You can also add more salt to the dough mixture. The below recipe has a good amount of salt to enhance flavour.
You can also try brushing the crust and drizzling over the top of the pizza with an infused olive oil. I used a rosemary infused which was delicious. Chilli oil is my favourite though.
The dough isn’t cooked through
Get the pizza stone HOT – Going back to why the wood fire oven is so good at cooking pizzas is because the bricks that the pizza cooks on in there are SO HOT, they cook the pizza so quick and very well. Thats why we need to get our pizza stone as hot as possible, so the bottom of the pizza cooks really well. Uncooked dough is not a good texture or taste.
Create a very airy dough – Again using the biga method and leaving your dough to rise for a long time will create a lot of carbondioxide bubbles in the dough making it light and airy. If the dough isn’t very airy and is dense it can seem uncooked.
The top is too soggy
So after I mastered getting the bottom of my pizza crusty and cooked, I still had a problem. The top of the pizza was a watery soggy mess and the cheese was sliding everywhere. There are a few things I changed to fix this.
Cook your pizza 70% of the way with just the sauce – by doing this we are making sure that even the top of the pizza is cooked and almost crisp. Mozzarella holds a lot of water so adding that on to raw dough isn’t giving it a chance to cook.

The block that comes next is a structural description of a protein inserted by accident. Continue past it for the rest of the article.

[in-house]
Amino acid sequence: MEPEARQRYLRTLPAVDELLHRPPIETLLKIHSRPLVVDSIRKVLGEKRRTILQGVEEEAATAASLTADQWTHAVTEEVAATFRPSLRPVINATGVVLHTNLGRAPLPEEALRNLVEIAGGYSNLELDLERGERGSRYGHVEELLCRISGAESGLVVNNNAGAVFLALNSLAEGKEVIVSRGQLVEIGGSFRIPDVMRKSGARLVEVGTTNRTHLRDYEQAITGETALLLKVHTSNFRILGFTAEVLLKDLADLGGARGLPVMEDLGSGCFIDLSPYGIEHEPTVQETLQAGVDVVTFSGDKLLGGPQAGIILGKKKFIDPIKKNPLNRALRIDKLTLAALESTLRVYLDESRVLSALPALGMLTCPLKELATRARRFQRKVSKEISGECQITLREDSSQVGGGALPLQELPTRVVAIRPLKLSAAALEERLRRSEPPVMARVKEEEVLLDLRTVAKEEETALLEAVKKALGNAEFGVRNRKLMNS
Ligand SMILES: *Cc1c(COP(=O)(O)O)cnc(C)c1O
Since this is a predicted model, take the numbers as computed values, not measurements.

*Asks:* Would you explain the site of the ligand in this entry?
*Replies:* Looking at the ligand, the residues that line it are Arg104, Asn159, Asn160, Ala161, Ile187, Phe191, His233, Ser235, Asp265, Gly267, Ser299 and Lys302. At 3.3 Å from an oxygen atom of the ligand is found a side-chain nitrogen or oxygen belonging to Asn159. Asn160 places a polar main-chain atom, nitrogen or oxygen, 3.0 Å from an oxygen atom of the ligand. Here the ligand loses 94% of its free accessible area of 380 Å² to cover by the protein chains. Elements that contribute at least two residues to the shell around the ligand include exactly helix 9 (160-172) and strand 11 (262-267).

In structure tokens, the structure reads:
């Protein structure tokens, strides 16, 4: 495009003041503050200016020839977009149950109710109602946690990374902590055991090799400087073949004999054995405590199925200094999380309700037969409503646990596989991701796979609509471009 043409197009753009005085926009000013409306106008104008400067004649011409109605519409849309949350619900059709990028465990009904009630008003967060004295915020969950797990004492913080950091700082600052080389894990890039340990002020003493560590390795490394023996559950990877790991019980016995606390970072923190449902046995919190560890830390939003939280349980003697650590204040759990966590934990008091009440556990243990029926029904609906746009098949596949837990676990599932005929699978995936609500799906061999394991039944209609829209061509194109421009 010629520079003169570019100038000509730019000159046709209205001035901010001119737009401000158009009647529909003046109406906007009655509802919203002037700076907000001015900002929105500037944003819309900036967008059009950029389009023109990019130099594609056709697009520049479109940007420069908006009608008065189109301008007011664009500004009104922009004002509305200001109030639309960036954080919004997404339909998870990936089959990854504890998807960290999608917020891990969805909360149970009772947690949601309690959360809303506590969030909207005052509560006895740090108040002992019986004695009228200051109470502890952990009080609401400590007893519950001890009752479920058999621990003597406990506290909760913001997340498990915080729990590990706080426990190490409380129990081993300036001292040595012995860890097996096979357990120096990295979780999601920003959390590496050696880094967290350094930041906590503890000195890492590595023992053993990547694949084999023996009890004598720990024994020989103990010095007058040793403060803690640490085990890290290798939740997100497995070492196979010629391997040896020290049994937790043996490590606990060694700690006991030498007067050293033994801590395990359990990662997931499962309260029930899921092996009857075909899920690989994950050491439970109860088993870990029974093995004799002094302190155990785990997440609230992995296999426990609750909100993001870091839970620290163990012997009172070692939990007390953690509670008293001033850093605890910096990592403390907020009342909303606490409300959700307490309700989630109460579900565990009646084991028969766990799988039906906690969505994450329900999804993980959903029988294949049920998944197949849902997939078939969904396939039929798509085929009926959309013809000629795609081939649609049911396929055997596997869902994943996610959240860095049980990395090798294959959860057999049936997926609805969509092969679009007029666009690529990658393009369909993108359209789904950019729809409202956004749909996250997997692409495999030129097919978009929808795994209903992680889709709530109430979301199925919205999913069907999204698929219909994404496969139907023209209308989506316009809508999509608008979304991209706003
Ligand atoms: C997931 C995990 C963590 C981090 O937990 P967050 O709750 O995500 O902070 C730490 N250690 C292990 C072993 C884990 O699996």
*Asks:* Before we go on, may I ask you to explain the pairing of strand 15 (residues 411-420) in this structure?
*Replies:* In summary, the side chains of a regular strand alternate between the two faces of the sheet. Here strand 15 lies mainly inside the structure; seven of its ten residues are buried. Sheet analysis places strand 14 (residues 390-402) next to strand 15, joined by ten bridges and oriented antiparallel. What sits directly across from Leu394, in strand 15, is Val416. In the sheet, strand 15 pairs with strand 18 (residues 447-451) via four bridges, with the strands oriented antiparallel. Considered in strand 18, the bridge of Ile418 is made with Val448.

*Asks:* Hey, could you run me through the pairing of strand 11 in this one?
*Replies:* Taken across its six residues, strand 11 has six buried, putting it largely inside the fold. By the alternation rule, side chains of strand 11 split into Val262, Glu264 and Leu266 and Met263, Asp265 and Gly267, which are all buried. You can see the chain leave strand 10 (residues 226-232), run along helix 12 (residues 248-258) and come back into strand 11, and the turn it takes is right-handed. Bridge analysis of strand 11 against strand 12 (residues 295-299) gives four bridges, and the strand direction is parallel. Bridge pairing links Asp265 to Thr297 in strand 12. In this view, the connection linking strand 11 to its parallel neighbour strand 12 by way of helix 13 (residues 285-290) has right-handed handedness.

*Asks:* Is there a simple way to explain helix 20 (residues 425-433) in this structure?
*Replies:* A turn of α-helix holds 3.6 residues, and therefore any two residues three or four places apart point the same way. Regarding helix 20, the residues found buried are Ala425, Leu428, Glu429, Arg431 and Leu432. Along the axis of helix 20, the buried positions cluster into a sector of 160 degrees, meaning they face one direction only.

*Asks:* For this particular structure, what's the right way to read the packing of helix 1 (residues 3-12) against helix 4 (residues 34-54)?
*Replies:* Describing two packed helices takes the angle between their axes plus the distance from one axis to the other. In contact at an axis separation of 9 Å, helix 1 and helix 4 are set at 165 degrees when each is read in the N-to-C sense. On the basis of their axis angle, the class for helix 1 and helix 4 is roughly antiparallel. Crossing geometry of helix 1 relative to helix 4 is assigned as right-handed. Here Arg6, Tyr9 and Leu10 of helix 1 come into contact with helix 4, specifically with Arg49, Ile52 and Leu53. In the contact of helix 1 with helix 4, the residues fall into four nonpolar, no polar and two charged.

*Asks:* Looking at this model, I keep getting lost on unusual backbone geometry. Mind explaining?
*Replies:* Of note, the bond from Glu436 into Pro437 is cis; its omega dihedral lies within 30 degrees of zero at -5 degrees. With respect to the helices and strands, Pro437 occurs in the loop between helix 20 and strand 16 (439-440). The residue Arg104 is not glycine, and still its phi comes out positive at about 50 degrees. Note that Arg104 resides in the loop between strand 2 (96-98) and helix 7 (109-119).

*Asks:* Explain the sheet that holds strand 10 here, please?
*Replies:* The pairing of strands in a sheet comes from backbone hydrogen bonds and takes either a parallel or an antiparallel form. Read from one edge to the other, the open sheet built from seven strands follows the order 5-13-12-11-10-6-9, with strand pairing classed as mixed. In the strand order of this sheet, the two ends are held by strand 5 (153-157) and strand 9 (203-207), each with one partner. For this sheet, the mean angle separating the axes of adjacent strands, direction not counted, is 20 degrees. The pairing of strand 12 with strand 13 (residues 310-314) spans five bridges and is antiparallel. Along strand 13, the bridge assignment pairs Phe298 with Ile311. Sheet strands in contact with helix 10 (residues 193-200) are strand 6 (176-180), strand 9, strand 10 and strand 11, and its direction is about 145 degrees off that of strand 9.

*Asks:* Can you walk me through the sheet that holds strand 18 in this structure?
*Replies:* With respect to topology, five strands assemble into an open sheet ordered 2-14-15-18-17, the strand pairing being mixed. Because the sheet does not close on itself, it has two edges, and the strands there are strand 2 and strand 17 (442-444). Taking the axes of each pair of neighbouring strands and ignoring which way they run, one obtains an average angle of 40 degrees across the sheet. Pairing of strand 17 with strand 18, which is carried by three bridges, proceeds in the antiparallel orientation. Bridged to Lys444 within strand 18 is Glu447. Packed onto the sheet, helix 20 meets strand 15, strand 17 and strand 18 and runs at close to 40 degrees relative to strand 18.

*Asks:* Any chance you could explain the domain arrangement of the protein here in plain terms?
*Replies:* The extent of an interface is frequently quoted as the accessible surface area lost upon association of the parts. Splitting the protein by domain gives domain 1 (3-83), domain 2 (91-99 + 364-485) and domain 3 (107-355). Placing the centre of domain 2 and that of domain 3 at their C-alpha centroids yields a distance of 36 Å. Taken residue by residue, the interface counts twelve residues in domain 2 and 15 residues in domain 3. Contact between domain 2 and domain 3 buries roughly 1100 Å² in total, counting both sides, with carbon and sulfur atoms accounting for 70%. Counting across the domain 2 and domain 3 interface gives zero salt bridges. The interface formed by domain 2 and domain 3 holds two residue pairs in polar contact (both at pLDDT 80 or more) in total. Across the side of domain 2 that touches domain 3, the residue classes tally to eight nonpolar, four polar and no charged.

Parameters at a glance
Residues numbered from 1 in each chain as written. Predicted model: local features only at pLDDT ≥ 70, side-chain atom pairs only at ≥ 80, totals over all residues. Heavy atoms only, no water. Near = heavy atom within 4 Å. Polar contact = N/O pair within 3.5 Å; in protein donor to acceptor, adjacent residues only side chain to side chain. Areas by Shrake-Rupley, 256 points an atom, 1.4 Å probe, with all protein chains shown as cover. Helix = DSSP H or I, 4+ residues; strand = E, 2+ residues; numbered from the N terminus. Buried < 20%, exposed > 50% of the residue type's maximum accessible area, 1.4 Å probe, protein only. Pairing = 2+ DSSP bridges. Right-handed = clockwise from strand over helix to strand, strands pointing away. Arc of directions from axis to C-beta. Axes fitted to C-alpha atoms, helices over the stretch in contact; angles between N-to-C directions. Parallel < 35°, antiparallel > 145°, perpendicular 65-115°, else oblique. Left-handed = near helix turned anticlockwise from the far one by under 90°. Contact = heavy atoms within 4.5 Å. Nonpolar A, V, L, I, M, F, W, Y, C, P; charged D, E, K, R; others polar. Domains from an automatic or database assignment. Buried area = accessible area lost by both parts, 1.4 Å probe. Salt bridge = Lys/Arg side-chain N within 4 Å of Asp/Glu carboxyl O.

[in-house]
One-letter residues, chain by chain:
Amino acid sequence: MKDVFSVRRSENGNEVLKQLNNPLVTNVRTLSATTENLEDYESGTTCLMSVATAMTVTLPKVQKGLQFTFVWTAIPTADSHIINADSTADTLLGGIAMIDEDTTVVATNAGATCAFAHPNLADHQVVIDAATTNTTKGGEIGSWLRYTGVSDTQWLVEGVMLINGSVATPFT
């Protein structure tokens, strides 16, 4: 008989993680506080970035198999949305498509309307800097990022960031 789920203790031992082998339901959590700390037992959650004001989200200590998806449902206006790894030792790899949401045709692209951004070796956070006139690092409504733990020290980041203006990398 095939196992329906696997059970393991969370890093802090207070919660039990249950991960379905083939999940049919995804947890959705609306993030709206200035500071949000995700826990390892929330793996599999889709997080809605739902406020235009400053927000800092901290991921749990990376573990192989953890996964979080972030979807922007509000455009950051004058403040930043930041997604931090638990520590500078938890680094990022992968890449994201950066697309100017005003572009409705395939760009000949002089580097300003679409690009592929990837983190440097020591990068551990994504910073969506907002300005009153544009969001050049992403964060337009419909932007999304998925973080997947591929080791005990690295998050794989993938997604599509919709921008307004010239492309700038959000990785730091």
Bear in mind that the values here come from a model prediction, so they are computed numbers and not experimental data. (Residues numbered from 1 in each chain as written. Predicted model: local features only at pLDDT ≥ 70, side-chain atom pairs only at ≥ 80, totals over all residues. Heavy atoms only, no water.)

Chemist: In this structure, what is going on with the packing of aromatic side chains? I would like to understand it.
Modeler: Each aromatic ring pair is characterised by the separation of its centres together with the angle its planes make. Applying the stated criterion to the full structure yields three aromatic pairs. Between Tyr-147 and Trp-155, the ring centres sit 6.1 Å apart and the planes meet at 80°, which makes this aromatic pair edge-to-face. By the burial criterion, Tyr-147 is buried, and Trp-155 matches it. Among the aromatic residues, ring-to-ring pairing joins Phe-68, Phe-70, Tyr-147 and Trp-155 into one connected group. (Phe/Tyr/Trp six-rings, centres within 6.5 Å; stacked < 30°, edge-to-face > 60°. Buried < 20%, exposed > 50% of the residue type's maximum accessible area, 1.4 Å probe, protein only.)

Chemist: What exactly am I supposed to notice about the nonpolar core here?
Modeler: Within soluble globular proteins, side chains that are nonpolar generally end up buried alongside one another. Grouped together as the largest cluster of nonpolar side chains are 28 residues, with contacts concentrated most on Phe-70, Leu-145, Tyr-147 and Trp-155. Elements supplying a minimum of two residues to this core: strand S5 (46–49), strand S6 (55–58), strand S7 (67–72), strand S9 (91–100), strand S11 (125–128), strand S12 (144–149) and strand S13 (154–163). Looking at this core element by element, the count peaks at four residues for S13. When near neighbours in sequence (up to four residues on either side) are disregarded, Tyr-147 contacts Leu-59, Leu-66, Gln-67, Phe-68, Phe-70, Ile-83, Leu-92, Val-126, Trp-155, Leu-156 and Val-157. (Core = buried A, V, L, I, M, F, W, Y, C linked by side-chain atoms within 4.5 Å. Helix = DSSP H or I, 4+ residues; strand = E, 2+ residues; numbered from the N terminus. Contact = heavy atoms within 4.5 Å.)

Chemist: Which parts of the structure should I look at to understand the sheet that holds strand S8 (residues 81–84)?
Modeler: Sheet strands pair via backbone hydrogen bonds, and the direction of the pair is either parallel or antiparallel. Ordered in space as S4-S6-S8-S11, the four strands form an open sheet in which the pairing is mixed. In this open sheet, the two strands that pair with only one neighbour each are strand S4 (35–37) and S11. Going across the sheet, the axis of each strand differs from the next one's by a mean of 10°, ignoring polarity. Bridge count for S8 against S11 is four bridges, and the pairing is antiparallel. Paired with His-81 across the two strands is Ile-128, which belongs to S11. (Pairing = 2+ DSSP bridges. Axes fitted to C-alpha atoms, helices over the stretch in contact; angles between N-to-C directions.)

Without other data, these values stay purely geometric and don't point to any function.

Pre-cook your toppings – toppings, especially vegetables hold a lot of water and are released when cooked so we can extract that moisture separately first and add toppings with the cheese towards the end.
Ensure pizza sauce is properly cooked down – if making pizza sauce yourself, canned tomatoes also hold a hell of a lot of water. Cook the sauce for a minimum of 1 hour to evaporate all of that water to get a thicker sauce.
Don’t use too much sauce – You don’t necessary have to cover the whole pizza with sauce you can blob it around the top to leave more exposed dough to cook well.
The dough tears when shaping
This one was very frustrating for me. We aren’t going to get very far making the pizza if the base isn’t shapeable. It is vital to use a very high gluten flour or strong bread flour to make our dough. Gluten is the protein that will give our dough the typical stretchy pizza dough characteristic. It’s a beautiful thing when you can confidently stretch your dough, throwing it into the air like a real Italian, without any tearing.
When forming the dough the kneading and stretching helps to develop the gluten. It is easier to give it a good stretch with your hands.
The dough is too dense
Again the biga or pre-fermented dough creates a hell of a lot of air in the dough. I leave mine to rise for a long as possible. 4 days in the fridge for the biga and 24 hours in the fridge for the final dough. You wouldn’t believe the beauty of that dough when it cooks. Lots of air holes inside and once it hits the heat, it puffs up beautifully with a light crispy shell. The below recipe creates a dough far from heavy and dense.
You can see in the image below the air holes we have created.
Prep Time: 2 – 6 days (including rise) Cook Time: 15 minutes Makes: 8 small 11 inch pizzas Difficulty: Moderate
For the biga:
- 285 grams high-gluten flour
- 170 grams water
- 4 grams fresh yeast
For the dough:
- 650ml lukewarm water